First, we should note that these commandments seem rather clearly to contradict the very notion of the wisdom tradition represented by the Proverbs of Solomon, which neither specify commmandments – the actual proverbs, not the sayings of the Wise – nor are reducible to ten anything.   There are far more than ten lessons there, and they are given as observationally-based inductions, with their concomitant imperatives only implied.

The Proverbs cannot be derived from these, nor are they reducible to these commandments.

Second, if these are as important and seemingly sufficient as some pretend, they refute the 613 commandments of the Torah, and repeat many of them as redundant (and therefore unnecessary).

Third, the tenth commandment, “You shall not covet” is plainly bogus. There can be no legal regulation of what transpires internally only, nor can any penalties be imposed by law externally for their violation. A law without a penalty specified for its violation is a mere recommendation. Torah never names such a penalty. Moreover, desire for material goods is part of what is commanded in the “dominion mandate,” and is a good thing. It even drives markets – Wall Street humorously contrasts “fear versus greed” and the market movers (When greed wins, the markets rise; when fear gains the upper hand, the markets slump). Go greed.

Greed leads to dominion, when properly managed, and lust leads to marriage and children when properly managed. God created both from the beginning, and created all things very good – include the sex drive and the acquisition drive. Solomon specialized in both.

Therefore, no one cannot learn from the abuse of these by watching their results (the point of the Proverbs).

Fourth, the negative statements of these laws is deficient since it shows that they are neither of the light of nature nor could have existed from the beginning.

Fifth, they could not have been written on the heart because they are obviously and uniquely Semitic and Hebrew. They are tied to the Exodus event in the prologue, as are their prohibitions against idols, which assume a unique priestly system in place never mentioned in the Proverbs (priests and priesthood never receive explicit mention in the Proverbs – no not once — because they are not of the light of nature). The second’s commandment’s phrase, “Bow down to nor serve” implies the kind of worship and priestly service that does not exist at all in Christendom, nor in many other religions, and so is not of the light of nature and simply does not apply in those cultures.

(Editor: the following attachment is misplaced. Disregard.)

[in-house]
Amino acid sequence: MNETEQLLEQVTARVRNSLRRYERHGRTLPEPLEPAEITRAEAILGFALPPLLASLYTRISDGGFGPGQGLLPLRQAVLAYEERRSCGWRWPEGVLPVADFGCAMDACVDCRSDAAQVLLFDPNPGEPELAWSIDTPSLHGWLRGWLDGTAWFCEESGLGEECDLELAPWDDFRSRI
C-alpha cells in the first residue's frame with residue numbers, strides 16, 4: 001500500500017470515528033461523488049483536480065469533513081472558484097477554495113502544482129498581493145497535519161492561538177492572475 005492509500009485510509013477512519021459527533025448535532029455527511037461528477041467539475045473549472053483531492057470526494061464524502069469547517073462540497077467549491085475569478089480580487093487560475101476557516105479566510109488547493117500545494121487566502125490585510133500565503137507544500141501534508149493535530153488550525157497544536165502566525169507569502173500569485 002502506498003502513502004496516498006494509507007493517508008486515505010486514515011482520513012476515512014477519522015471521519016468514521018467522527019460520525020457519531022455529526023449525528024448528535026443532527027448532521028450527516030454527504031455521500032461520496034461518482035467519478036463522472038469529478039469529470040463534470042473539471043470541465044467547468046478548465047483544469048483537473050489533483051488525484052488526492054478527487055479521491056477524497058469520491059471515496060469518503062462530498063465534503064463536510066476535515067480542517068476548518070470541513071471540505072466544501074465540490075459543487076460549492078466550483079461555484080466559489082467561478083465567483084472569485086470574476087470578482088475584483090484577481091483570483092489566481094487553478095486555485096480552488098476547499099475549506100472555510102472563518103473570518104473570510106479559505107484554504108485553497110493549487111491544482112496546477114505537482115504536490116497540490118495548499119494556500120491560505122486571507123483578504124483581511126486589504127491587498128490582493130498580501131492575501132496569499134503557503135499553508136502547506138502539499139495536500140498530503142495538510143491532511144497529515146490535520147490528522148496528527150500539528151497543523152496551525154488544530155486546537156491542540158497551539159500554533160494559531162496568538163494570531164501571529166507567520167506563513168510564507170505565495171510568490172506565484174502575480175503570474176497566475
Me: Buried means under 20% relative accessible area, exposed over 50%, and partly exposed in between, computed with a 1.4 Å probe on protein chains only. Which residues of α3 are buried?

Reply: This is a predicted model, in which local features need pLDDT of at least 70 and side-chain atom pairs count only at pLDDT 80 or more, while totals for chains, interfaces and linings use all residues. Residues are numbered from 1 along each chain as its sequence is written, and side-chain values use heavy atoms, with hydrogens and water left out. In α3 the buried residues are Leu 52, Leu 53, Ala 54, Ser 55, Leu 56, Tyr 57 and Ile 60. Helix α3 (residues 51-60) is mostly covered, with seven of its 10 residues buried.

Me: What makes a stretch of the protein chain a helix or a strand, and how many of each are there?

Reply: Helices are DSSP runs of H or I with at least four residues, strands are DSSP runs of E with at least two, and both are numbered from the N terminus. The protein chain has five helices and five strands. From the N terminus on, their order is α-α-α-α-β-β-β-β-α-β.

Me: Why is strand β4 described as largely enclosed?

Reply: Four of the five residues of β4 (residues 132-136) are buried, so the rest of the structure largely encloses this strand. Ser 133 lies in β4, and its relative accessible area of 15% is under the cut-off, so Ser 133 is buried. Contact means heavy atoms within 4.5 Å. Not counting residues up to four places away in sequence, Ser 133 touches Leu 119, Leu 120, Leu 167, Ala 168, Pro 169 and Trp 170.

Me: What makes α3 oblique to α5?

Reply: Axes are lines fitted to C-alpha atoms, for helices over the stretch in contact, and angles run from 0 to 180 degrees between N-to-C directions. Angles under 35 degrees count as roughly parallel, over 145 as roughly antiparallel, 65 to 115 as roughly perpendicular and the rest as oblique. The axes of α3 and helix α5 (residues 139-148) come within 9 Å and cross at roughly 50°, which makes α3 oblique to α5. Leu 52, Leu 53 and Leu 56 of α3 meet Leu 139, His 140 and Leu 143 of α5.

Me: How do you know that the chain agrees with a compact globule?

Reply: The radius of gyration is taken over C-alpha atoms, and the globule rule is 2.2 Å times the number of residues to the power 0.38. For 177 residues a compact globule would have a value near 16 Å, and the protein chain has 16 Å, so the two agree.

Sixth, this Semitic innovation even more clearly represents a Hebrew culture (not the universal of nature’s light which applies to all cultures) in the fifth commandment’s promise — “in the land the Lord your God is giving you” (Israel, not elsewhere).

Seventh, while the commandments acknowledge (as does Torah) that God requites payment for sin doubly, meaning that God judges reflexively always (as like a mirror) – whether to punish or else to reward – he cannot do anything at all reflexively with worship. Worship itself is an overdriven, frenzied kind of response to God’s great goodness to us, for which we are to show gratitude and offer thanks often, but about which we are never to worship – whether God or anything else.

Worship is illegitimate per se.   This point of view is never once considered in the entire Bible. But the light of nature makes it plain that God does not want worship because He cannot give it back. It is not so with love, praise or adoration – fathers can adore their children, but neither can worship the other.

Reflexive judgment disqualifies “worship” altogether as a legitimate response to anyone or anything, ever.   That is the true view of nature’s light. Instead, “You shall love the Lord your God … and your neighbor as yourself.”

I intend to expand this brief critique over the next few days to include a much more thorough look at them, and a far better alternative way of promoting commandments derived from the light of nature (and not surprisingly, from the Proverbs occasionally).